SOLVE magazine Issue 01 2020 - Page 20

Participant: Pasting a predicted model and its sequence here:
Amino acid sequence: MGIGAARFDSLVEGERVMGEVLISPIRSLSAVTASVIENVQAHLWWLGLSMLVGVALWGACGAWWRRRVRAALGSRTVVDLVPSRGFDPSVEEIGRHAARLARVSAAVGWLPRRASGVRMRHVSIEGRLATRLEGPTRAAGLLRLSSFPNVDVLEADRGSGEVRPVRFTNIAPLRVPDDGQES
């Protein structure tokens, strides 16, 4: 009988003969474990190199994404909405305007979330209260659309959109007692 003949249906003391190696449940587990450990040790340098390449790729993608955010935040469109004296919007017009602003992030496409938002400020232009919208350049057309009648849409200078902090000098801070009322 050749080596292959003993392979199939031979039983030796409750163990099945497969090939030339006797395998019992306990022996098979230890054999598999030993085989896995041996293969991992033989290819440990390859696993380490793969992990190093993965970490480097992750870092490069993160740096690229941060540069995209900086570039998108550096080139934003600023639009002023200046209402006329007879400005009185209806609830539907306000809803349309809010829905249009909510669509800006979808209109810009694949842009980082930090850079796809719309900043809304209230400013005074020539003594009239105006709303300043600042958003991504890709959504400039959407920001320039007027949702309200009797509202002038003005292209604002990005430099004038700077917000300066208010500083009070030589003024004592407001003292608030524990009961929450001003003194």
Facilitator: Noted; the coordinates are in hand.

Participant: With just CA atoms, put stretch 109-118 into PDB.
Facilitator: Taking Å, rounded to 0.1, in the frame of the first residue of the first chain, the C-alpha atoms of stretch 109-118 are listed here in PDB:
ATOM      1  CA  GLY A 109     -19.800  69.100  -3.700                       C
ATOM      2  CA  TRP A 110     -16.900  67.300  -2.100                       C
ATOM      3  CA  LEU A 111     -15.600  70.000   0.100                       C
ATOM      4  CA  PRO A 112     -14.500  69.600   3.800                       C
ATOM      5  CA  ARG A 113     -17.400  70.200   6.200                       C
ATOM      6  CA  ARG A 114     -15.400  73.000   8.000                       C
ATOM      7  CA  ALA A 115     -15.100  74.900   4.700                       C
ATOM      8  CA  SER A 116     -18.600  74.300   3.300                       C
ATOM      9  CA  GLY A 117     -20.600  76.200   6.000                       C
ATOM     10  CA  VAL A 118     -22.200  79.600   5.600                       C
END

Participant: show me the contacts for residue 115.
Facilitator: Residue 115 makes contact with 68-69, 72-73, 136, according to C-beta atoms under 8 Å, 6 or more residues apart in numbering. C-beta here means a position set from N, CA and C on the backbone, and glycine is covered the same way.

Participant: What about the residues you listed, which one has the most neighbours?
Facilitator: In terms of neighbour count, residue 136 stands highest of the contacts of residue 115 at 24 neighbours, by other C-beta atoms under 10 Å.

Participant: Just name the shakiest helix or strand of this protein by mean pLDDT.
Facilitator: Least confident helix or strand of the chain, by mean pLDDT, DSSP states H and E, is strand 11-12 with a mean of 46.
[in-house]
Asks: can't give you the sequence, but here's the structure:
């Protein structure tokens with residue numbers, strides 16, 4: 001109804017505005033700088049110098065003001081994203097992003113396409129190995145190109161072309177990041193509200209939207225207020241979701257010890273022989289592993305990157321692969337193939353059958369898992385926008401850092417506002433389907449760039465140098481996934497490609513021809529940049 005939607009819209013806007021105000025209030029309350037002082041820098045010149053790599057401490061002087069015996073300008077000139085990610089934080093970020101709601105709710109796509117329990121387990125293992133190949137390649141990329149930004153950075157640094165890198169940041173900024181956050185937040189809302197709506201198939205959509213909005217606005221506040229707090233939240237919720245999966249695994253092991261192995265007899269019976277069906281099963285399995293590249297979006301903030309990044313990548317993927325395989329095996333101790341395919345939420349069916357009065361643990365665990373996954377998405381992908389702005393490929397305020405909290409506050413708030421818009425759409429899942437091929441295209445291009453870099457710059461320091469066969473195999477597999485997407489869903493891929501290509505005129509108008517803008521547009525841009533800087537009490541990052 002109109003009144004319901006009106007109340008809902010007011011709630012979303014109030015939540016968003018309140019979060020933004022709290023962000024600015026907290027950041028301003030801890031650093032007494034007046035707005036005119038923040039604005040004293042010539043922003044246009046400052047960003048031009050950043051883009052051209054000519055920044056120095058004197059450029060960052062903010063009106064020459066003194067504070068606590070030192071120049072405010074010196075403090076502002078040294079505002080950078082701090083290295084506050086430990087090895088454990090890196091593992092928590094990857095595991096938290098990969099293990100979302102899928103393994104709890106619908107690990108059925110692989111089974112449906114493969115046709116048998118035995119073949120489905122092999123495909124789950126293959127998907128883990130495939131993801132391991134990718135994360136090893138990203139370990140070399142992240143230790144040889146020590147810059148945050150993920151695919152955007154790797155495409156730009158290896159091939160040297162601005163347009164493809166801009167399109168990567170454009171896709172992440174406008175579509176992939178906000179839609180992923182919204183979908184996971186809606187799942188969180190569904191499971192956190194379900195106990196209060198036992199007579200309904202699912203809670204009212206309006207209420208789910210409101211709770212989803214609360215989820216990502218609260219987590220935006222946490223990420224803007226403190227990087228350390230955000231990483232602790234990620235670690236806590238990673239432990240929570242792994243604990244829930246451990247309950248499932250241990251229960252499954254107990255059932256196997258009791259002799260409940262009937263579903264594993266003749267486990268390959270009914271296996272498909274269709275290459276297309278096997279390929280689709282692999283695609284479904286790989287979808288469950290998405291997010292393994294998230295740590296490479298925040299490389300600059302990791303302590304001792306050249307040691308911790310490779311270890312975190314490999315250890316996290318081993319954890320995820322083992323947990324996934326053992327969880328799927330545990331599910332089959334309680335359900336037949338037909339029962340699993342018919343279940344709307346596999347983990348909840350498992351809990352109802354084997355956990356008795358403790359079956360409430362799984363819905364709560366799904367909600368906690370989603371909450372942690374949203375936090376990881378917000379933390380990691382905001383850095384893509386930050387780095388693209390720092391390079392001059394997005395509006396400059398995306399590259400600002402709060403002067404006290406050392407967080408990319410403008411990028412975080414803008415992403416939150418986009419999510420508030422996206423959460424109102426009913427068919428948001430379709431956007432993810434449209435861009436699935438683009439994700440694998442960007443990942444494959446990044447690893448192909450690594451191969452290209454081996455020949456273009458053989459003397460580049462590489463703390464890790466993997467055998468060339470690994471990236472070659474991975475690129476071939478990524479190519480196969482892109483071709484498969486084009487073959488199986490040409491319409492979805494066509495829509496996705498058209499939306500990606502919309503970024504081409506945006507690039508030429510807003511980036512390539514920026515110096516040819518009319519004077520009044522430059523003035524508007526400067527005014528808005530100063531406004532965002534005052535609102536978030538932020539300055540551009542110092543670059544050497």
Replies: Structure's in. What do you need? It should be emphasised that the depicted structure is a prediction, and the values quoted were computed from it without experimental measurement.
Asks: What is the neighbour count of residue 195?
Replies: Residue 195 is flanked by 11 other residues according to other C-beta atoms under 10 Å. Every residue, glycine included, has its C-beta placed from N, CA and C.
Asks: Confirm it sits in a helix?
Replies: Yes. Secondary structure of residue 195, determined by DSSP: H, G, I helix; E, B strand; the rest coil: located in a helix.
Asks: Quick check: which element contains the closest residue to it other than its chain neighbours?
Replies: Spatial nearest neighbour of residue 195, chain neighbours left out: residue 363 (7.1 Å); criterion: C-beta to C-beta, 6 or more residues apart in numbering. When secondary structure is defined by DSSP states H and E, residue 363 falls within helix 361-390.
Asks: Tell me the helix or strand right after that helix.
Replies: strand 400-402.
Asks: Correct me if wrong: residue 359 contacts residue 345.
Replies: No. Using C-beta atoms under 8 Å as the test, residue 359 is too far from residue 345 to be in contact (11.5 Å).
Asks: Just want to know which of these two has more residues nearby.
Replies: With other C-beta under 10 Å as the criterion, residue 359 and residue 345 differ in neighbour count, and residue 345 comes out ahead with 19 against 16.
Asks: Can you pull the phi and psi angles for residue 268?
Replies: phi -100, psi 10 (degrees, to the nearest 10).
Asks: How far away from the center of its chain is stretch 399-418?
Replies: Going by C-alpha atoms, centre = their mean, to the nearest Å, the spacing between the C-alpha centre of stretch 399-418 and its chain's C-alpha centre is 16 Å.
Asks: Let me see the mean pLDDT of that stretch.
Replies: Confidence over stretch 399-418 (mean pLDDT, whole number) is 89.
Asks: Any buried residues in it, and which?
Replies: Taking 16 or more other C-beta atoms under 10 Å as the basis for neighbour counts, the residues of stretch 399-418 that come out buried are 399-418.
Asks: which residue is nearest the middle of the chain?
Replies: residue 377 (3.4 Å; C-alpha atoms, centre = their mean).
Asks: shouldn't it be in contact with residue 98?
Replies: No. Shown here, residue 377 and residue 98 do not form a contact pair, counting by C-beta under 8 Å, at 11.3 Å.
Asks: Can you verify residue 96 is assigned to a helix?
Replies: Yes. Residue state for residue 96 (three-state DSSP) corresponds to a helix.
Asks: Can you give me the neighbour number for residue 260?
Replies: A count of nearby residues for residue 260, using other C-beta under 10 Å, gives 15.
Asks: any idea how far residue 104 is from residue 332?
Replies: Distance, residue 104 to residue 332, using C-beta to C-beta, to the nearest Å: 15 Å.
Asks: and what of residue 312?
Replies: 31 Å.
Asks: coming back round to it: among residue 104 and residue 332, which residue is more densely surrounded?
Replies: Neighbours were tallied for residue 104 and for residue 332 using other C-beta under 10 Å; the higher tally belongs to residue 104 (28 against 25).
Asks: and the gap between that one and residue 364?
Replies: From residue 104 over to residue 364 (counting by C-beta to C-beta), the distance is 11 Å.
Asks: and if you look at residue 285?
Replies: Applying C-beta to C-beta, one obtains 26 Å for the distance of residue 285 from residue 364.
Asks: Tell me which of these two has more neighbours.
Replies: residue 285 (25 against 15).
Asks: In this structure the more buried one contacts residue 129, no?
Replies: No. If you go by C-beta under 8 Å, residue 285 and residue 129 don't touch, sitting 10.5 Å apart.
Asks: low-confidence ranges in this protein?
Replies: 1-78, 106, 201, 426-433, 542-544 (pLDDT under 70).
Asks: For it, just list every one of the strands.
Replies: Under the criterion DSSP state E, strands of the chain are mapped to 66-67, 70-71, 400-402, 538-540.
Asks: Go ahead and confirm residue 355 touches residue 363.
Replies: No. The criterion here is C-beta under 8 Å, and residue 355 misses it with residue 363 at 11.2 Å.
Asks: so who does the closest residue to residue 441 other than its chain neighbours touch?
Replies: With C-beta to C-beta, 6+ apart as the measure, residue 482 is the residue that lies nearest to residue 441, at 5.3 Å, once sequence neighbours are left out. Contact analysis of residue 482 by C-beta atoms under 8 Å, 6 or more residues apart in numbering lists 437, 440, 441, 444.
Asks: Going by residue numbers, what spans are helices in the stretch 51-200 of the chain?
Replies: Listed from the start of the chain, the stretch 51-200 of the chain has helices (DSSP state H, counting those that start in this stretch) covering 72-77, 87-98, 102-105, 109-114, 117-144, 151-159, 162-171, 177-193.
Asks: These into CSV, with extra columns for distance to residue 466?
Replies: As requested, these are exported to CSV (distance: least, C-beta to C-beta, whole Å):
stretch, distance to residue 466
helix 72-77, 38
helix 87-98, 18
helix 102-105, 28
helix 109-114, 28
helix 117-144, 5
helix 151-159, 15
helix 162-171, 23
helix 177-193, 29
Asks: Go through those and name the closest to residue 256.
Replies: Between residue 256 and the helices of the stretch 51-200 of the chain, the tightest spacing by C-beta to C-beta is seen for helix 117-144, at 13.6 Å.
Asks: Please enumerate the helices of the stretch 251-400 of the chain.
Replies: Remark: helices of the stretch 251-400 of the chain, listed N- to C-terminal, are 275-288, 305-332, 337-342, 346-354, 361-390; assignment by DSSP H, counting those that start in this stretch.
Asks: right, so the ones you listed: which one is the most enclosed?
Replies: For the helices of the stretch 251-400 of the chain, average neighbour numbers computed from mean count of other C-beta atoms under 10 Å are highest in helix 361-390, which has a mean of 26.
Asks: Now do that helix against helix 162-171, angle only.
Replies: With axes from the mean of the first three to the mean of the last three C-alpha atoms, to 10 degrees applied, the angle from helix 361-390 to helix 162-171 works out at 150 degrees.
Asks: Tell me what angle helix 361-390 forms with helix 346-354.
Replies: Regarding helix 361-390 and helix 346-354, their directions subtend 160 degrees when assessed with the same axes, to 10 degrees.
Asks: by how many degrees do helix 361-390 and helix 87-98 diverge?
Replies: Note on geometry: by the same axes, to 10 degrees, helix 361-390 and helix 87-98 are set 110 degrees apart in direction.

SUSTAINABILITY AND THE ENVIRONMENT: ENVIRONMENTAL ENGINEERING Circular economy spins waste into a resource Dr Fay Couceiro is trialling technology that cleans up the environment and boosts agriculture by extracting a valuable nutrient from an unlikely source – human waste. Too much phosphorous in the environment can be damaging. In waterways it can cause eutrophication, where nutrient overload results in algal blooms, reduced oxygen and suffocated fish. However, in the right place phosphorous – a naturally occurring chemical – is incredibly useful. It helps promote plant growth and vigour, and is a critical fertiliser needed by farmers to grow our food. Worryingly, the world is running out of phosphorous; there are very few phosphorous-rich rock deposits left to mine. As stocks dwindle, fertiliser prices will rise and crop yields will fall. Another source of the element has to be found. Enter the University of Portsmouth’s Dr Fay Couceiro, whose cross-disciplinary research is addressing these issues – environmental threats and resource depletion – simultaneously. She is trialling technology that not only removes excess and damaging phosphorous from waterways, but also potentially repurposes it for agriculture. And unlike the current, finite phosphorous resource, the alternative source will be around for as long as humans are around; it will come from human waste. Dr Couceiro, from the University’s Department of Civil Engineering and Surveying, explains how there is a lot of phosphorous in sewage – Fay Couceiro sewage that, once treated, is expelled into waterways. “There’s only so much phosphorous on the planet and we are throwing it down the toilet, quite literally, and out into the rivers,” she says. “So we need to capture and use it.” Working with Southern Water, at a Petersfield trial site, Dr Couceiro is using absorptive media – a filter bed of specially engineered media that adsorb phosphorous as treated sewage flows through the bed at discharge points. “We are working on low-tech methods for removing phosphorus because many sewage treatment works are unmanned,” she says. “This technology doesn’t need any energy to operate, and the only difference between the water entering the media and coming out the other side is it contains less phosphorus.” Dr Couceiro can’t disclose the composition of the media due to commercial confidentiality, but has trialled several variations, and the most successful is now being developed. Nutrition cycle Once the media have extracted it, the phosphorous could either be ground into a fertiliser if it is of high enough quality, or sold for use in other high-end products such as light-emitting diodes (LEDs). Research on end uses for the extracted phosphorous is ensuring its effectiveness and safety. ILLUSTRATION: 123RF The science is creating a serendipitous circular economy, reflecting an interconnectedness that has long been at the heart of Dr Couceiro’s research. As a biogeochemist she looks at biology, geology and chemistry together, analysing how the disciplines interact in aquatic settings for better environmental outcomes. “There’s a gap in our knowledge about how these things interact with one another. If you only focus on the biology or the chemistry you tend to lose how they’re connected. So it’s those connections that I look at,” she says. “Biology affects the geology; it affects how the seabed forms and then the seabed affects the chemistry because it affects how the nutrients get into the water, and then the nutrients affect the biology because that decides how many algae will form for the following year. So, it’s that circular session.” Dr Couceiro’s broad body of research that revolves around removing contaminants from aquatic environments has led to cleaner waterways in a variety of places, from the once-toxic Mersey Estuary to the Caribbean Sea. While she is the first to admit that working with sewage is not as spectacular as some of her other work, such as diving off volcanoes in the Caribbean looking for heavy metals expelled from vents, it is potentially more impactful. “We’re talking about a huge reduction of phosphorus going into rivers, hopefully less eutrophication, less algal bloom incidences, less fish deaths from low oxygen levels,” she says. “And if that phosphorus can instead go to farmers or other end users, we are transforming wastewater from a waste to a resource.” Dr Couceiro says she is driven by a desire to leave the world “a little bit better” than she found it. “I want to stop anything from microplastics and phosphorus, nitrogens, pesticides, pharmaceuticals – all these things coming out into the environment that are damaging wildlife – and if I can, in any way, help, I would like to.” 20 ISSUE 1 / 2020